Could Egypt’s Revolution Spread to China?

The Peking Duck blog answers for White House press secretary Robert Gibbs, who was asked at a press conference whether Egypt and Tunisia’s revolutionary momentum might reach China:

Anything is possible, I suppose, but the very idea of Chinese activists being so inspired by the riots in Egypt that they’d try to implement the same tactics in China is so absurd it’s laughable.

The only renowned activist in China who’s been pushing for democratic reforms is named Liu Xiaobo, and he’s sitting alone in a jail cell. And most Chinese people believe that’s where he belongs. Not only did he never garner anything like mainstream popular support, he’s considered a “criminal” and a “traitor” by most Chinese citizens who, unfortunately, only know of Liu through the government-owned Chinese media. The Chinese are in no mood to follow anti-government activists into the streets to battle the army and the police.

Most Chinese, as we’ve said here many times, have little to no interest in democratic reforms. The vocal few who do quickly become marginalized or silenced altogether. A major factor behind both the Tunisian and Egyptian conflagrations was poverty and massive unemployment. Recent explosions in the price of food helped bring these crises to a head ….

China has done a far better job than Egypt and Tunisia in terms of keeping people employed and placated. Its public works projects and subsidies of Chinese businesses have helped keep unemployment in check and, unlike in Tunisia, the mood in China (at least when I was there last a few months ago) was wildly optimistic. Tunisia and Egypt are poor, China is rich. Massive riots are virtually unthinkable. Today’s Chinese have little appetite for chaos.

ChinaGeeks’ Charles Custer responds:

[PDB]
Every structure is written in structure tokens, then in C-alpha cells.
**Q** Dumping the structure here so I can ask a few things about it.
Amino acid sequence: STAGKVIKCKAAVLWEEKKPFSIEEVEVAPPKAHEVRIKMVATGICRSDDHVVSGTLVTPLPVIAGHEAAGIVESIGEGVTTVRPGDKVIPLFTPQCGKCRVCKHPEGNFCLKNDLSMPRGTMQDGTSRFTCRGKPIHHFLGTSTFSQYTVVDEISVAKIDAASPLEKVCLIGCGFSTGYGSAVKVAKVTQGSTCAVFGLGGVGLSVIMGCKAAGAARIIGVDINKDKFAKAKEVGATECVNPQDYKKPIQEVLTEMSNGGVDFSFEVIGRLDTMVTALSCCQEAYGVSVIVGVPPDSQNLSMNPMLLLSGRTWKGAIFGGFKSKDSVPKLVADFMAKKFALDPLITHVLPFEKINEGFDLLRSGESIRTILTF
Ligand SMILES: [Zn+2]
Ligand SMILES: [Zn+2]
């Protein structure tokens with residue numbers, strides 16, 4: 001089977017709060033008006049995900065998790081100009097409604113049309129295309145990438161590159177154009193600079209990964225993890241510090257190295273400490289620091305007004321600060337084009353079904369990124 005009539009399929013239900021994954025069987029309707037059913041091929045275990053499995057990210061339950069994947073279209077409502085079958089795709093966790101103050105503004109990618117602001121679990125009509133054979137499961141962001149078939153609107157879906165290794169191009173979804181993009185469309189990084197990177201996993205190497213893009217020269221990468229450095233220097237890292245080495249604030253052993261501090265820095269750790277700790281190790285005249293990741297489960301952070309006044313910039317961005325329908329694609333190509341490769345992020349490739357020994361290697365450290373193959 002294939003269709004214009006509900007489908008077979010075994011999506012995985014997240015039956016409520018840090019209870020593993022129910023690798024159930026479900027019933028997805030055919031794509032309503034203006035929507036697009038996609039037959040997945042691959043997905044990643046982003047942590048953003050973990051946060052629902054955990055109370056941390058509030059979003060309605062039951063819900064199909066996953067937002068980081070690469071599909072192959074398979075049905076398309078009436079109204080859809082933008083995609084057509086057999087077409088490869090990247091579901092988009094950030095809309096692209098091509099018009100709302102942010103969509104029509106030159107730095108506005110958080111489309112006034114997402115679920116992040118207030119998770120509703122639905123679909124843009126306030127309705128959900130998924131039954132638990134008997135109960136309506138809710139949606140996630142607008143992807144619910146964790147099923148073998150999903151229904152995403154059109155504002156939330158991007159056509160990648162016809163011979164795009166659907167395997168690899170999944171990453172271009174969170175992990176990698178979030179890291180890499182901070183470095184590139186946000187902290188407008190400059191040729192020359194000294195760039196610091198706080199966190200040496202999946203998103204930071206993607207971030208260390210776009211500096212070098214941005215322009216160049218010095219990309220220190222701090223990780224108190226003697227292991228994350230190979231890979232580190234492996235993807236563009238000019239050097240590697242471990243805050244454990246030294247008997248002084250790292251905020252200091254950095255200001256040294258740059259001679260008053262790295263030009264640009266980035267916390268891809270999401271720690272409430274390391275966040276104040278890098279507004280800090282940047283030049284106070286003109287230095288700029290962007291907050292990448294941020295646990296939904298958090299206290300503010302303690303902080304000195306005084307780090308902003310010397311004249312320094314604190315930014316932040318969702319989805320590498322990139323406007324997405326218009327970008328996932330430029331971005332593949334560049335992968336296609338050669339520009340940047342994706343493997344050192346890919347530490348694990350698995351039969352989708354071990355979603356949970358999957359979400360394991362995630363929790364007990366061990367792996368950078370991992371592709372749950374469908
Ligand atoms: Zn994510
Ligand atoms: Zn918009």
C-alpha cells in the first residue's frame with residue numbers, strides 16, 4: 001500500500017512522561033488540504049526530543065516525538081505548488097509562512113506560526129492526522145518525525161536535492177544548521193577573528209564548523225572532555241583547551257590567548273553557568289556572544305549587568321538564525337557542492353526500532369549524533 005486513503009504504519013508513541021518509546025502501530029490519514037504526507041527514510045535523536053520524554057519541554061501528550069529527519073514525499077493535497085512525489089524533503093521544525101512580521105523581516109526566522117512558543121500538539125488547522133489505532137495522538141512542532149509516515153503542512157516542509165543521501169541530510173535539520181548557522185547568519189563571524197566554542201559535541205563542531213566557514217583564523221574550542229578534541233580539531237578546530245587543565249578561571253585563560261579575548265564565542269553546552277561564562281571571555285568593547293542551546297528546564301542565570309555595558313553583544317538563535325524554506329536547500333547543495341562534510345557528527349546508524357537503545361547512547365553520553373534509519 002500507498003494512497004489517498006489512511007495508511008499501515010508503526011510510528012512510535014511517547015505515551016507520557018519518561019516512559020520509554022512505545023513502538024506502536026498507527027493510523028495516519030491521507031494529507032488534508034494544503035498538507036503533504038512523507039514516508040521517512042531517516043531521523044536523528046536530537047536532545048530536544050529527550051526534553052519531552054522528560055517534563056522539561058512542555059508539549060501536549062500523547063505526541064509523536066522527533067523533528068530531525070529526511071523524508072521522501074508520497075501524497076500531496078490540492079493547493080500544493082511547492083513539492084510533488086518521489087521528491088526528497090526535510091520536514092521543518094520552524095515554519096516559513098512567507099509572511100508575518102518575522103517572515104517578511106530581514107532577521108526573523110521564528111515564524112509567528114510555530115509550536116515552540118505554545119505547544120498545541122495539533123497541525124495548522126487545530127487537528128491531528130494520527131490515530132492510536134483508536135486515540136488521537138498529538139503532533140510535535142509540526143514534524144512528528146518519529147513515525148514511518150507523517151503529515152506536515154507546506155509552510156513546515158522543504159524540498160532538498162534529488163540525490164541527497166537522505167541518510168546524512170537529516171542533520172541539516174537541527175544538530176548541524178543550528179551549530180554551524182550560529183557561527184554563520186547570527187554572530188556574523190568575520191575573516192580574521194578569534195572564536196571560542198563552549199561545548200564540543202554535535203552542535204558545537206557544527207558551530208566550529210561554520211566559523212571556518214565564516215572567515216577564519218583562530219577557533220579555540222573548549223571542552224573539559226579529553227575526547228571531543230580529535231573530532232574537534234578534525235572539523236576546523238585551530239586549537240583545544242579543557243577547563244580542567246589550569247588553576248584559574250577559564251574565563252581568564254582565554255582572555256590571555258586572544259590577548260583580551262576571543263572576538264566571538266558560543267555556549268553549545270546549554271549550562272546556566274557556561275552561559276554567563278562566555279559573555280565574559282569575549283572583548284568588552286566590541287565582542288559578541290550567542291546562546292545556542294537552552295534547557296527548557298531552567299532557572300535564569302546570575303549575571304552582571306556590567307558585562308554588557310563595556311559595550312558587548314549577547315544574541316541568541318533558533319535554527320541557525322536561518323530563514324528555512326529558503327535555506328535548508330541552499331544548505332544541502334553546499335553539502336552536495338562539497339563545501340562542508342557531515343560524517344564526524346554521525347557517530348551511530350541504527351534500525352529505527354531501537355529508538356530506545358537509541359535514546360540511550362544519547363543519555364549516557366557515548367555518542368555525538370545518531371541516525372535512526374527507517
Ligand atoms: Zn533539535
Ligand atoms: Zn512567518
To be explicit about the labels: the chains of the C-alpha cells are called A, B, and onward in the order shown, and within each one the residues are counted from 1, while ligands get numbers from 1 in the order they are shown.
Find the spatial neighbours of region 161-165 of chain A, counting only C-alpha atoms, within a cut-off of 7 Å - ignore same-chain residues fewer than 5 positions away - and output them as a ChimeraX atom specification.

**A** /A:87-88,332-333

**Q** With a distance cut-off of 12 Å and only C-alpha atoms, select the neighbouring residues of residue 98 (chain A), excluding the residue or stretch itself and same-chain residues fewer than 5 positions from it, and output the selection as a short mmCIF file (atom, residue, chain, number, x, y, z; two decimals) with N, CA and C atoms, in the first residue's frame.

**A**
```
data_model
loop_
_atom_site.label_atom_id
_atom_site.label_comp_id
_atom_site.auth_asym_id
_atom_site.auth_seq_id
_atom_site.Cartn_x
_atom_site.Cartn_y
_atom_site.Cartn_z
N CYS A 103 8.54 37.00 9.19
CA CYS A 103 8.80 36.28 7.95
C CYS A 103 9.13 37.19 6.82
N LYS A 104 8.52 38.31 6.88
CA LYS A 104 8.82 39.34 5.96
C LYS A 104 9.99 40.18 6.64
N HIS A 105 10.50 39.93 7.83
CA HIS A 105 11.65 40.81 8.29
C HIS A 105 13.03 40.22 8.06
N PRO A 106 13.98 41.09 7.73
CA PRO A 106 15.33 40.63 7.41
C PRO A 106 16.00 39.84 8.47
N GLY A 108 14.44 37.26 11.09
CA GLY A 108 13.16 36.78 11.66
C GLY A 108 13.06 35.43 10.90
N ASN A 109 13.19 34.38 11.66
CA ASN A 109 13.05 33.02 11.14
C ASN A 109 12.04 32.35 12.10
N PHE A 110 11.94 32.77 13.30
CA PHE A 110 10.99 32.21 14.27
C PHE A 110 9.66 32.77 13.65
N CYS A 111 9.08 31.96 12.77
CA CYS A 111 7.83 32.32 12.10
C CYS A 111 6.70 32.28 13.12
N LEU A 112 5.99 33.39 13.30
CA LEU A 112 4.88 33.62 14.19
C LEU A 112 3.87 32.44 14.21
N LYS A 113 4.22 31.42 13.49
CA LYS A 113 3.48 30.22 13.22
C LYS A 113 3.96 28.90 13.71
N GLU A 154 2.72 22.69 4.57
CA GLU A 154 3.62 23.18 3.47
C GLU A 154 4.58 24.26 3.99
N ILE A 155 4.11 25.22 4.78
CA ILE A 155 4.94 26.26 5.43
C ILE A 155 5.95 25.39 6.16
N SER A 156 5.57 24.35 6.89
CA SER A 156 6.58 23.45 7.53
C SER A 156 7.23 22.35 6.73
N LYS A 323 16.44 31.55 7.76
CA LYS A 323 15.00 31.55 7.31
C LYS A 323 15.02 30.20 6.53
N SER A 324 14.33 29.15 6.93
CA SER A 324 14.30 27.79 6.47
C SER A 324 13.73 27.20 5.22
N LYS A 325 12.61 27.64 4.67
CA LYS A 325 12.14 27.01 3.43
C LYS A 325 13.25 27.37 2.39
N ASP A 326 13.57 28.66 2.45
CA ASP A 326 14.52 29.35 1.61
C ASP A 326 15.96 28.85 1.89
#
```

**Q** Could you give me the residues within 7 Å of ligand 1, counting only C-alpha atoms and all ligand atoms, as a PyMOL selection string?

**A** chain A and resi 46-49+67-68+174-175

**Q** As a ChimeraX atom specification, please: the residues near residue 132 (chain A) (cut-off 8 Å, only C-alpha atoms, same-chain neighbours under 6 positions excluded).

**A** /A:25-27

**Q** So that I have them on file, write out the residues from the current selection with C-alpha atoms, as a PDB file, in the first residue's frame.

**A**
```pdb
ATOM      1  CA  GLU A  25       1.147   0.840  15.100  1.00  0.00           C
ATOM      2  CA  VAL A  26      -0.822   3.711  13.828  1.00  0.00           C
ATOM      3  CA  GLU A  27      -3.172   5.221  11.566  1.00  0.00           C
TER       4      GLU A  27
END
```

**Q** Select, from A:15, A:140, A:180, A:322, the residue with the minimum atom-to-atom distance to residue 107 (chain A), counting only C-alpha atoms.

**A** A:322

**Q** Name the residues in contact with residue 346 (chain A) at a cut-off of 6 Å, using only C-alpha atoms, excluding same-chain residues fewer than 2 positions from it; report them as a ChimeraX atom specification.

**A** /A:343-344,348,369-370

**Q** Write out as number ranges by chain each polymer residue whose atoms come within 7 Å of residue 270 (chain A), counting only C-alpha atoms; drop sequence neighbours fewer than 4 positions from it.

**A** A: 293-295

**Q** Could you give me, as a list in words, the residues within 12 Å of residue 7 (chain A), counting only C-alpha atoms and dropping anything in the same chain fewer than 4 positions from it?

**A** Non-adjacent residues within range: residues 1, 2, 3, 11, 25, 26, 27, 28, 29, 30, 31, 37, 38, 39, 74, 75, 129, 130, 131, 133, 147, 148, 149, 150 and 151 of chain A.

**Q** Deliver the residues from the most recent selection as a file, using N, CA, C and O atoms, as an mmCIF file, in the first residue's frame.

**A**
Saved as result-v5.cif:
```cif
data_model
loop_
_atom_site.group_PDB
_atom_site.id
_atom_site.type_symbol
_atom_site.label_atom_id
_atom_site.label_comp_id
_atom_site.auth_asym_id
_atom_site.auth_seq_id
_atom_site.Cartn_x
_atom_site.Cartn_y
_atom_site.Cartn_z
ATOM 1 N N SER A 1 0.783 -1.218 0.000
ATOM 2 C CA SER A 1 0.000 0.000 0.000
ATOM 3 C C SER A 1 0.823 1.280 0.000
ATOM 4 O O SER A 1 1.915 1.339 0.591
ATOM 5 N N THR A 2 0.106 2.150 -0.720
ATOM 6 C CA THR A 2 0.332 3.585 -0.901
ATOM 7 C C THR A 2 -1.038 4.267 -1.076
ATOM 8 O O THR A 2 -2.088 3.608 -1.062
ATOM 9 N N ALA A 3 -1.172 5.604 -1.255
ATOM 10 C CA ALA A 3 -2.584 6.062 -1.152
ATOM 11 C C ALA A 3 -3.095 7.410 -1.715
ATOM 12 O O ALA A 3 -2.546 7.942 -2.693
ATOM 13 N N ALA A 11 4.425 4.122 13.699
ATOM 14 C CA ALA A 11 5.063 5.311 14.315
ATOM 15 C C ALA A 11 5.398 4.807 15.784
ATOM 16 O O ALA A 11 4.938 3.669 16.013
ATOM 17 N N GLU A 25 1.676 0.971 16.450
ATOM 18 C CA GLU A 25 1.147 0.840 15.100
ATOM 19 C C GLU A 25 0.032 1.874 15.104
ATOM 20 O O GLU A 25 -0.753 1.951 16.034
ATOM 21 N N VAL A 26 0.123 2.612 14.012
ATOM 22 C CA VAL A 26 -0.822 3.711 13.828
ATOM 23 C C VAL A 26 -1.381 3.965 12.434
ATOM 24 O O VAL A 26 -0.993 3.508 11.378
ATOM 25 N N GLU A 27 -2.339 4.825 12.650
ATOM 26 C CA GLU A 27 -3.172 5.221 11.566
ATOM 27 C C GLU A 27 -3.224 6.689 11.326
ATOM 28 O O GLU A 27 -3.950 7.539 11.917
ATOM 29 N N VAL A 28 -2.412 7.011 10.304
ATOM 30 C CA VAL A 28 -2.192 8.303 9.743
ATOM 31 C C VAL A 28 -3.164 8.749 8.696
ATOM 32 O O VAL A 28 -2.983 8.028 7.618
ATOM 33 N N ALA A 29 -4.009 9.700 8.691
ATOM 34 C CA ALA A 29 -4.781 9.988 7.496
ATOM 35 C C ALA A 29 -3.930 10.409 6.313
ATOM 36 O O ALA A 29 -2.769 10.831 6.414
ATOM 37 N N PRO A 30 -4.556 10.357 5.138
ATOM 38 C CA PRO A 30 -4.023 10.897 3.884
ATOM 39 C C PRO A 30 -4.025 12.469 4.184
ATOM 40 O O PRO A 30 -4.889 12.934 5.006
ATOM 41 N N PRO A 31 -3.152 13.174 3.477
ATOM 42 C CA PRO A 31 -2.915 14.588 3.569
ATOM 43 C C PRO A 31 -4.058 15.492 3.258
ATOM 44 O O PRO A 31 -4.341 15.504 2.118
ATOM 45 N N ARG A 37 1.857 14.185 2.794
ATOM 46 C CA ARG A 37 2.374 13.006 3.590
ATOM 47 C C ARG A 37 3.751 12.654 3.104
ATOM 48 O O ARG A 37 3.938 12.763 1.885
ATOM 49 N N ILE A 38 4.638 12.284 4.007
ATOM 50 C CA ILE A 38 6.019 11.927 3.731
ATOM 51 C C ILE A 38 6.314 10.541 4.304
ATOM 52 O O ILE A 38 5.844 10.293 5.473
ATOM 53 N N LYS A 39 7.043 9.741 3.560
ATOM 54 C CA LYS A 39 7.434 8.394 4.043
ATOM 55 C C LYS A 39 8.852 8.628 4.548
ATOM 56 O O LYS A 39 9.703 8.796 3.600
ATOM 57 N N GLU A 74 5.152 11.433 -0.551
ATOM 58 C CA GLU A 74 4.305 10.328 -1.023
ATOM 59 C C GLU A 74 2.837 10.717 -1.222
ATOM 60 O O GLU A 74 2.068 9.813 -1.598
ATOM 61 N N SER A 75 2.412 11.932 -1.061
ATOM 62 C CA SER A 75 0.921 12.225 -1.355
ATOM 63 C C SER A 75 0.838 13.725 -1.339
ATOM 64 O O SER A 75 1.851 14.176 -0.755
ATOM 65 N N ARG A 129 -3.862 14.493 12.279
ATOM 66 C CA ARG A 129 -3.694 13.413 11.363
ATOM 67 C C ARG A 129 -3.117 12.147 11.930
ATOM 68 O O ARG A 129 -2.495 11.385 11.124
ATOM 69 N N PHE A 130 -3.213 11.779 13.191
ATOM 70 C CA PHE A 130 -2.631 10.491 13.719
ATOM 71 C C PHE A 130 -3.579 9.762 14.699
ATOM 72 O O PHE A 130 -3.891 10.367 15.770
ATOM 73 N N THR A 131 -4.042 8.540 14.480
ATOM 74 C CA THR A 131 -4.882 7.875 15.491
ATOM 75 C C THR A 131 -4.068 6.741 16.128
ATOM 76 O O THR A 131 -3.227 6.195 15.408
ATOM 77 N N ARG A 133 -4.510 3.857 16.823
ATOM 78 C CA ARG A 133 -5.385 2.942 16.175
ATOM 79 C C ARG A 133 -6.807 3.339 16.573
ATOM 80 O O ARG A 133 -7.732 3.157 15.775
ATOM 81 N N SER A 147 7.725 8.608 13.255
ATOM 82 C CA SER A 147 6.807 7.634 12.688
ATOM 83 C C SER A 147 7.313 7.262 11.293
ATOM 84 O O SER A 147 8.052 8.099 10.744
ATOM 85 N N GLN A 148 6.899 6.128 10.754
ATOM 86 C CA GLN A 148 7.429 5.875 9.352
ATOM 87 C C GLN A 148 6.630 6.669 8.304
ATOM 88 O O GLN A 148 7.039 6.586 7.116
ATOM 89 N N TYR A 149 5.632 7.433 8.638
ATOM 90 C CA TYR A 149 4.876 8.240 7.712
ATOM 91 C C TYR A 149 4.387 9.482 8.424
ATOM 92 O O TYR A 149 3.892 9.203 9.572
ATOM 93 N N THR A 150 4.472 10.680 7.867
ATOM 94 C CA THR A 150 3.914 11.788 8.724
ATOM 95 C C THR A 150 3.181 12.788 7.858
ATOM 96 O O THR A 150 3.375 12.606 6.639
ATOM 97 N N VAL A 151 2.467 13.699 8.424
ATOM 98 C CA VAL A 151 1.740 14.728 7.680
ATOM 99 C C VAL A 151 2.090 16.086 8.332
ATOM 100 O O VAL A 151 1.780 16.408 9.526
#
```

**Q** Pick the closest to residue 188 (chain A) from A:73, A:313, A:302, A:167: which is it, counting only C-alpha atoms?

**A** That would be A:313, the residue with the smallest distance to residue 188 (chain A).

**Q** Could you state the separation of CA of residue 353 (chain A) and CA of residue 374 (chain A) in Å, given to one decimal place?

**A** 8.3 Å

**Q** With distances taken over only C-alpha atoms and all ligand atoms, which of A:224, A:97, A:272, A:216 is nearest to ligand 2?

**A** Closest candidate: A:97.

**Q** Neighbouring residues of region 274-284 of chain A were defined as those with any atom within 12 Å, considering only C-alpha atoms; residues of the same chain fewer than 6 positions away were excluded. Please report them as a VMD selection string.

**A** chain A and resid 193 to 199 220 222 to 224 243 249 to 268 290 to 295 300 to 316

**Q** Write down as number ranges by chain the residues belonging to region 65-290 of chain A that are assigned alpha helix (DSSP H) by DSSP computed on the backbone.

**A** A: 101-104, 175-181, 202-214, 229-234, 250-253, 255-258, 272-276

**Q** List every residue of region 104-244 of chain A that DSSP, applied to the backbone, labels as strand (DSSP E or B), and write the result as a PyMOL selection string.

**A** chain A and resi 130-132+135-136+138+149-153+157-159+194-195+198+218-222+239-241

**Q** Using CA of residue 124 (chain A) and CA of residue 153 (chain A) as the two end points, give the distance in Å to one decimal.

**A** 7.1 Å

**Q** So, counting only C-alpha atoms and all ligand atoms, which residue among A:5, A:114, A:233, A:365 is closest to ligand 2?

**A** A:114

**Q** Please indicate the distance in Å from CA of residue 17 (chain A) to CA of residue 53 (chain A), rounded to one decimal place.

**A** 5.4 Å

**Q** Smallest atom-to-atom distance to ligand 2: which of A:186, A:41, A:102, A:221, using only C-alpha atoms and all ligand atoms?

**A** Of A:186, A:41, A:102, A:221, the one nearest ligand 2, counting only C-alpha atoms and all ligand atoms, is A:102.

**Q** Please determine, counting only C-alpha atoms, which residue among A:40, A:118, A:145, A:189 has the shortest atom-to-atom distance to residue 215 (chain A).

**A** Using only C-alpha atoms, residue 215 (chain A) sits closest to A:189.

Certainly, Beijing is not Cairo. But protesters in Cairo weren’t following some famous pro-democracy activist into the streets, so I’m not sure Liu Xiaobo is an apt comparison to draw here. People in China may consider Liu a criminal, but the Prime Minister just encouraged more people to come out and air their complaints about the government, the idea that Chinese people might act more or less on their own isn’t absurd.

And while I haven’t followed Egypt closely before today, I don’t think China has done as great a job placating everyone in the last few months as you seem to suggest. Inflation is still a problem everyone is pissed about, but the widening gap between rich and poor might be equally explosive. And Qian Yunhui, or the 77 RMB lady, are just the most recent examples that Chinese people are more cynical than ever before about the government.

I would be shocked to see massive anti-government protests calling for a new government like the ones in Cairo. But I wouldn’t be too surprised to see another “Li Gang” incident spark some real unrest about inflation, housing prices and the wealth gap, given the right circumstances.

The article and comments thread as a whole are recommended reading.

See also: China Blocks ‘Egypt’ on Microblogging Service, and the original question from the White House press conference, together with Gibbs’ response:

Q: Can I ask you about China? It seems like a leap, and geographically it is, and culturally it is, but when President Hu was here there was a lot of discussion about human rights and about the need as you become more powerful to consider elements of free society or rule of law. Does the U.S. believe — or do you think that China should be concerned in any way about what’s happening in Egypt? Or do you think it’s — they’re such completely different societies and that this is mostly an Arab-Muslim thing at this point?

MR. GIBBS: Let me make sure I understand. Are you talking about our posture toward China or —

Q: No, I’m talking about the notion of citizens around the world in societies with —

MR. GIBBS: Let me —

Q: — that don’t feel are open enough deciding to take to the streets?

MR. GIBBS: I think that — again, I think it would be — if I’m not going to generalize across a region, I probably shouldn’t generalize across several regions.

Q: I just want to know about one country, not —

MR. GIBBS: No, no, I understand. But to discuss this as it relates to one other country would be to do — would be to dip my toe into the pool of generalization, which I’m certainly not going to do.

I will say this. Again, I think the issues that the President talked with President Hu of China about and the issues with which President Hu told all of you that there was work to be done, that is the case regardless of what happens in any other country in the world. And the President has expressed his concerns about that, and I think you saw those concerns quite honestly expressed by President Hu.

This comes 31 minutes into the video (transcript here).

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